6 Tips For Treating Acne on Sensitive Skin

6 Tips For Treating Acne on Sensitive Skin

Treating acne on sensitive skin can feel like a Sisyphean task—the products you apply to fight acne that contain ingredients like benzoyl peroxide, retinoids, and salicylic acid can be potentially irritating for your skin. Dealing with sensitive skin is already complicated enough without having to add on anything else. You shouldn’t have to feel like you’re sacrificing hydrated, calm skin for freedom from acne when you use acne-treating products like tretinoin that dry out your skin.

The key to treating acne successfully on sensitive skin is simply to learn what works and what doesn’t. You already possess a working knowledge of skincare and probably have guidelines you follow to maintain healthy skin, so just add the following information to it. Know which acne fighters can inflame your skin, and learn about other ingredients that treat acne but are gentler on your sensitive skin.


Try a Different Approach

Sulphur is great for treating a number of acne types, and even conditions like pityrosporum folliculitis, rosacea, and seborrheic dermatitis, but it’s not the first thing a lot of people reach for when they need to treat acne. Its use for this purpose supposedly dates back to the time of Cleopatra, because of its qualities as a drying, antifungal, and antibacterial agent. It’s available in many forms, such as spot treatments, cleansers, and creams.

acne on sensitive skin


No Harsh Exfoliants

Scrubbing away at your skin with a harsh scrub or brush and using strong chemical exfoliants may seem like the best way to rid your skin of acne, but those actions are actually counterintuitive. Exfoliating already irritated skin will lead to even more inflammation, prolonging the healing process. Not to mention that harsh scrubs can leave microscopic cuts on the surface of the skin, which can let in infection-causing bacteria. Using acid peels and treatments can damage your acid mantle.

acne on sensitive skin


Slow and Steady

We all have probably made that joke about plastering on a bunch of new products at once instead of patch testing as is recommended. It’s good for a good chuckle, but in reality, it could make caring for sensitive skin even more complicated. Sensitive skin needs more time to acclimate to certain ingredients, and the process can’t be rushed. Space out the application of a new glycolic acid serum instead of applying it every day because you think it will give you faster results. Not only will your results be the opposite, but you might do damage that takes a long time to repair.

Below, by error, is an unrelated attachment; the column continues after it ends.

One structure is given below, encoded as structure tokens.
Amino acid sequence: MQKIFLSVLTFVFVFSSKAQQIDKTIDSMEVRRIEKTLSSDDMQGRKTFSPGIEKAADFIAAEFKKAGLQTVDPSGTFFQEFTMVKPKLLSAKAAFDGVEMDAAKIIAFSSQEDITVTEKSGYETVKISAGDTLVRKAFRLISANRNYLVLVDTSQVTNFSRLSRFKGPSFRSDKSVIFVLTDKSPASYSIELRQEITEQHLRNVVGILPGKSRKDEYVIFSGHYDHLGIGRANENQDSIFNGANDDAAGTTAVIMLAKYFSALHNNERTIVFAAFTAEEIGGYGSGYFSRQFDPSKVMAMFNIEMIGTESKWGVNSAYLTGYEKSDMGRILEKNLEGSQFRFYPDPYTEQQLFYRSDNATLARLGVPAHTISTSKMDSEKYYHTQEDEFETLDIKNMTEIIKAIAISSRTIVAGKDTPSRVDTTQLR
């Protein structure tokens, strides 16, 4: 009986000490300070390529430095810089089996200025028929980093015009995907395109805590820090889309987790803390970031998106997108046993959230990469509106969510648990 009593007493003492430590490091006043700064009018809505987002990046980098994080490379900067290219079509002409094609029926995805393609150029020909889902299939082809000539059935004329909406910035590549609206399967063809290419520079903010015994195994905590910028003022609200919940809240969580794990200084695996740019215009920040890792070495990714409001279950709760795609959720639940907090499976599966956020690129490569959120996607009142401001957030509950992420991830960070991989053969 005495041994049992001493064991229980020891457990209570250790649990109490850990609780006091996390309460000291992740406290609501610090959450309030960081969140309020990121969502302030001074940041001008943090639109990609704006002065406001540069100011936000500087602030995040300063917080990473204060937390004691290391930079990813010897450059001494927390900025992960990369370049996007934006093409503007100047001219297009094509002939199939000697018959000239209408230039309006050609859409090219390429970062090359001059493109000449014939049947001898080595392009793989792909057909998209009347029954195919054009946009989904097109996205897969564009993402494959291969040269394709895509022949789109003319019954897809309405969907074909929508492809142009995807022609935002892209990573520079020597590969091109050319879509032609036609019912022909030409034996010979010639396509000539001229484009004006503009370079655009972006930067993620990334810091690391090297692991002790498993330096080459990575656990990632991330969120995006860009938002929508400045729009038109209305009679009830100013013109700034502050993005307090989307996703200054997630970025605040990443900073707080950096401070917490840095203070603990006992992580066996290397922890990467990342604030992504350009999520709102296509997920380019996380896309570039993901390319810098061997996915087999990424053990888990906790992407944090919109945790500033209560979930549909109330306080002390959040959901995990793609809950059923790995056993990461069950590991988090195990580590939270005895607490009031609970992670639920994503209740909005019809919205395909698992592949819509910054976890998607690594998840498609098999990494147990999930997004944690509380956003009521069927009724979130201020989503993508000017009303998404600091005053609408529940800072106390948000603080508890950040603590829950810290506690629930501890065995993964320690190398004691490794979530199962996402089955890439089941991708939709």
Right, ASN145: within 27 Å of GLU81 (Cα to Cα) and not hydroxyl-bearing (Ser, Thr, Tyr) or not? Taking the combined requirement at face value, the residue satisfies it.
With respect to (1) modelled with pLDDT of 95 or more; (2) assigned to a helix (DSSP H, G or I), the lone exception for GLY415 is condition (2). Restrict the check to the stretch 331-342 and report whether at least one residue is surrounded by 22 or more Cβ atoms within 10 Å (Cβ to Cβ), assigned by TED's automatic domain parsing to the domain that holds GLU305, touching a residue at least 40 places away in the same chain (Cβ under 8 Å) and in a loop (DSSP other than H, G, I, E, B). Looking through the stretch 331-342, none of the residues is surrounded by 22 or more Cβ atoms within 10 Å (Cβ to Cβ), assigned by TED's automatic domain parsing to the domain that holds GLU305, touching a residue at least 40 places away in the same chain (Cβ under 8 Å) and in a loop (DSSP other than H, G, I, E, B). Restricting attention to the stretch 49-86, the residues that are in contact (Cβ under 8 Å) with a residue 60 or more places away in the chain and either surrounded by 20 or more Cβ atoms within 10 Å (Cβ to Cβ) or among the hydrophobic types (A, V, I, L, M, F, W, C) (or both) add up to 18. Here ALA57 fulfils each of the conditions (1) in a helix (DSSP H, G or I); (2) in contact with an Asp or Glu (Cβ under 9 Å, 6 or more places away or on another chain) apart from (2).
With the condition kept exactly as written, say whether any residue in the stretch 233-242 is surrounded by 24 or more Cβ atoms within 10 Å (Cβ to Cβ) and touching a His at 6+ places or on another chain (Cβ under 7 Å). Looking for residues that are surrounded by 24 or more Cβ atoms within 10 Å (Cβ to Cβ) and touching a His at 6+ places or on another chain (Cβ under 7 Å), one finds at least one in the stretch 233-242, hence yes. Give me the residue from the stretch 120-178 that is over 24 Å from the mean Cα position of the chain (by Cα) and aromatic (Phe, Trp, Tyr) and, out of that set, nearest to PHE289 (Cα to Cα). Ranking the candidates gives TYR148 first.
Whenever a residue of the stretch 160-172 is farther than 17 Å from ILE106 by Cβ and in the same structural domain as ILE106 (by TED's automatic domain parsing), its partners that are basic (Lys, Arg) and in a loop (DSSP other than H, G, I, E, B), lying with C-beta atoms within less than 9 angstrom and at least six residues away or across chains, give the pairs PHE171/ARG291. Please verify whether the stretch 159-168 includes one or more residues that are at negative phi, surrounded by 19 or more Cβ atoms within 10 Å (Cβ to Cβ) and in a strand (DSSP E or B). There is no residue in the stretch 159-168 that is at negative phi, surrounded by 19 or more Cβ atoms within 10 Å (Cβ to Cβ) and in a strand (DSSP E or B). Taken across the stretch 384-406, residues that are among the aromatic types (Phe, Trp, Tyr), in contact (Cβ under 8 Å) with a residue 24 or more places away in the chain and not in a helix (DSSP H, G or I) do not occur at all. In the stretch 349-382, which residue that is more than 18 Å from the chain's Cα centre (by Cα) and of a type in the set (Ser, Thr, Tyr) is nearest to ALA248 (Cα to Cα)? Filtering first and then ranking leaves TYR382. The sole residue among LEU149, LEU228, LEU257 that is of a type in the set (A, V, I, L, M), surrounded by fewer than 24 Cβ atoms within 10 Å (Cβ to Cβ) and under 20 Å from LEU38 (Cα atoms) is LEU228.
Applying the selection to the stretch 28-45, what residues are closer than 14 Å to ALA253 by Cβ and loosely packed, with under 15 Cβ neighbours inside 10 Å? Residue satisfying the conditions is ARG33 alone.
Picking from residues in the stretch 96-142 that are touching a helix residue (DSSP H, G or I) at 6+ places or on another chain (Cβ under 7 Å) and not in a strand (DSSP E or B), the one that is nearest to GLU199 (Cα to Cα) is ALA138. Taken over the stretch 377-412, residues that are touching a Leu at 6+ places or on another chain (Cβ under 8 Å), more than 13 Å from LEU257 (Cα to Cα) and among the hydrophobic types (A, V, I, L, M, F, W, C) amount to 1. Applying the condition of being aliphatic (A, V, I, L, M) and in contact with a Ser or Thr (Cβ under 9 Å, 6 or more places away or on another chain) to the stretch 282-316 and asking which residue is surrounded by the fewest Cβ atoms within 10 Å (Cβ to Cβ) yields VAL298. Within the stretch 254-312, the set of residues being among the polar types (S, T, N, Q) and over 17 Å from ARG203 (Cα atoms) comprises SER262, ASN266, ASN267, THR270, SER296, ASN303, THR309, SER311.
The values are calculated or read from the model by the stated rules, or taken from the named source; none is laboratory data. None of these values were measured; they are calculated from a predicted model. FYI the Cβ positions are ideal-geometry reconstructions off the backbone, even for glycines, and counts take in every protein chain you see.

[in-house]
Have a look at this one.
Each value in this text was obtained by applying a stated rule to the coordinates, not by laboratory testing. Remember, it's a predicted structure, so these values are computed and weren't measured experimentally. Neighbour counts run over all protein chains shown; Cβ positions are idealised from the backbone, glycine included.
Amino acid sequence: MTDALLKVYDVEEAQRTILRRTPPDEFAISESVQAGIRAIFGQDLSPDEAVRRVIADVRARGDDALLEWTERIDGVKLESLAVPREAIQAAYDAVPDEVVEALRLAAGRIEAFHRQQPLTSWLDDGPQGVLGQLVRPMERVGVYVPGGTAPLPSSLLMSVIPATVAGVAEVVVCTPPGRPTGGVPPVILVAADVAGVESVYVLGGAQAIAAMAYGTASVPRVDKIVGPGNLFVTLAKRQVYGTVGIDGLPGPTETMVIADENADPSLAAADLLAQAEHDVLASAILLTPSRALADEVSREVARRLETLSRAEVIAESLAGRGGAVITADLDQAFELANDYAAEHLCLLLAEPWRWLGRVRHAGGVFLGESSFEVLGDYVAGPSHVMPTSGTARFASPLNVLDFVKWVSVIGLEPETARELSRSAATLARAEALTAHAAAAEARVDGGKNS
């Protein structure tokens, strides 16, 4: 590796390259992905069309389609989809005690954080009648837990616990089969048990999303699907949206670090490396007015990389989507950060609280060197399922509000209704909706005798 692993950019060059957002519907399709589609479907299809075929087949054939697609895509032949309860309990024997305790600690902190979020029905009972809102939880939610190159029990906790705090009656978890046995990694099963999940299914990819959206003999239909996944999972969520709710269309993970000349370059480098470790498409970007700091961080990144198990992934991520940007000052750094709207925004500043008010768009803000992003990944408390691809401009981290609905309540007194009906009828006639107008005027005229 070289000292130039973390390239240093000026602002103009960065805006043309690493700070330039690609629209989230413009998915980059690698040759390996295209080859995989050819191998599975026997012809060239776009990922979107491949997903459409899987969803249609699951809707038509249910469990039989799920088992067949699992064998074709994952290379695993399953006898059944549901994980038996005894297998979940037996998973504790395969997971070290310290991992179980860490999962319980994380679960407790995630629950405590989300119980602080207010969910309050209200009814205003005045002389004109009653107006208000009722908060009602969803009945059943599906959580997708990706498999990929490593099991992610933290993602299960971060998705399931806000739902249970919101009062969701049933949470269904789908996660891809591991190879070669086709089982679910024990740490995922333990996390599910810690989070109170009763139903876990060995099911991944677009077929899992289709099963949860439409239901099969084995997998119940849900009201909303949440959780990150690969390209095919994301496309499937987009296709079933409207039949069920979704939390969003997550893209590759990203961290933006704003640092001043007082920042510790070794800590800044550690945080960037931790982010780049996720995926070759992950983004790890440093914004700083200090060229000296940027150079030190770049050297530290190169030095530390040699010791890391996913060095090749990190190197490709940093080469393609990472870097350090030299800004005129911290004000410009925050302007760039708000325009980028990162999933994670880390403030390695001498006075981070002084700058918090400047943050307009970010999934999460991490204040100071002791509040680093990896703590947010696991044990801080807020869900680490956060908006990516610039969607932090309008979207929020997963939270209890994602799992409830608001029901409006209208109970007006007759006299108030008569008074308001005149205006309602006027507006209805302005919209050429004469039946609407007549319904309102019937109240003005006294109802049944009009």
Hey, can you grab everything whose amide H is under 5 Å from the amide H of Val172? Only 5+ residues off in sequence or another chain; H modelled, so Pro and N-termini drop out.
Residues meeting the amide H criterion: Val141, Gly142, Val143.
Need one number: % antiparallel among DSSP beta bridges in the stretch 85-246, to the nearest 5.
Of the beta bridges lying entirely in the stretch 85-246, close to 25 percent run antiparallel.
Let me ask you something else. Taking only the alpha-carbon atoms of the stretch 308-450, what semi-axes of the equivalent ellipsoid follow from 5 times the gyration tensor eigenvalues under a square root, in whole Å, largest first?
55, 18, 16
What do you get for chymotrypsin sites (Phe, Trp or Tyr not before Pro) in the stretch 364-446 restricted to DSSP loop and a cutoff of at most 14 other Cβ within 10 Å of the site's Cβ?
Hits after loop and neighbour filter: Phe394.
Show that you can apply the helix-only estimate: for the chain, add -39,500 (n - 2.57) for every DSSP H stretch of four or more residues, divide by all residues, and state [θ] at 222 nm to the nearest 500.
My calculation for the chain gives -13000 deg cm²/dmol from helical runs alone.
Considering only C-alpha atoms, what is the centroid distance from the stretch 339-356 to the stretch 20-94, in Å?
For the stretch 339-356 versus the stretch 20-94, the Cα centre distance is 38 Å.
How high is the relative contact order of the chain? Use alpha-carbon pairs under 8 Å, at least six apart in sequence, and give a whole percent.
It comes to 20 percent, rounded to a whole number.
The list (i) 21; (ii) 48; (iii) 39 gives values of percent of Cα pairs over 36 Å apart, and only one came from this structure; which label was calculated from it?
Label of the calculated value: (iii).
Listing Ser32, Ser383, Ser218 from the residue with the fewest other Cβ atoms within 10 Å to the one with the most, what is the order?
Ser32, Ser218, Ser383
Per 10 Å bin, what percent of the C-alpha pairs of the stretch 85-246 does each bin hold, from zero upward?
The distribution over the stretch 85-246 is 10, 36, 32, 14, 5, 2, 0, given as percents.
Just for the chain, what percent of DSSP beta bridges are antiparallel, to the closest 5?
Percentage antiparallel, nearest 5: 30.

Take It Easy

With the overwhelming amount of shiny new products being churned out by the giant skincare machine daily, sometimes you may find yourself wishing that you had more than one face, just so you could try as many products as you can in a short period of time. Of course, you could still do that, but that would be expensive, wasteful, and space consuming. I have a Pinterest board full of skincare products I pinned years ago but never got to try. No matter how strong the urge gets to layer on every single item from your latest Kalista Beauty haul, resist. You could wind up overdoing too much of one step and overwhelming your skin.



Stick to Directions

Just as more of something can have the opposite desired effect, using a highly effective product for longer than directed may have unexpected results. If that weekly peel says to leave it on for 10 minutes, do not tack on an extra five because you think it would work better. Less is more. Do not keep wash-off products on overnight.

On a haircare-related note regarding this point, leaving your deep conditioner in your hair overnight is not a great idea unless the specific product has been formulated for that purpose. Doing so can cause hygral fatigue from the continuous absorption of moisture by the hair strands, even when the cuticle has swelled to capacity.


Consult an Expert

If all else fails or you’re unsure of what steps to take on your own, reach out to a professional for help. If you can’t afford a dermatologist, there are subscription-based services like Curology whose in-house skin specialists can diagnose your issues and prescribe effective techniques and products to use.


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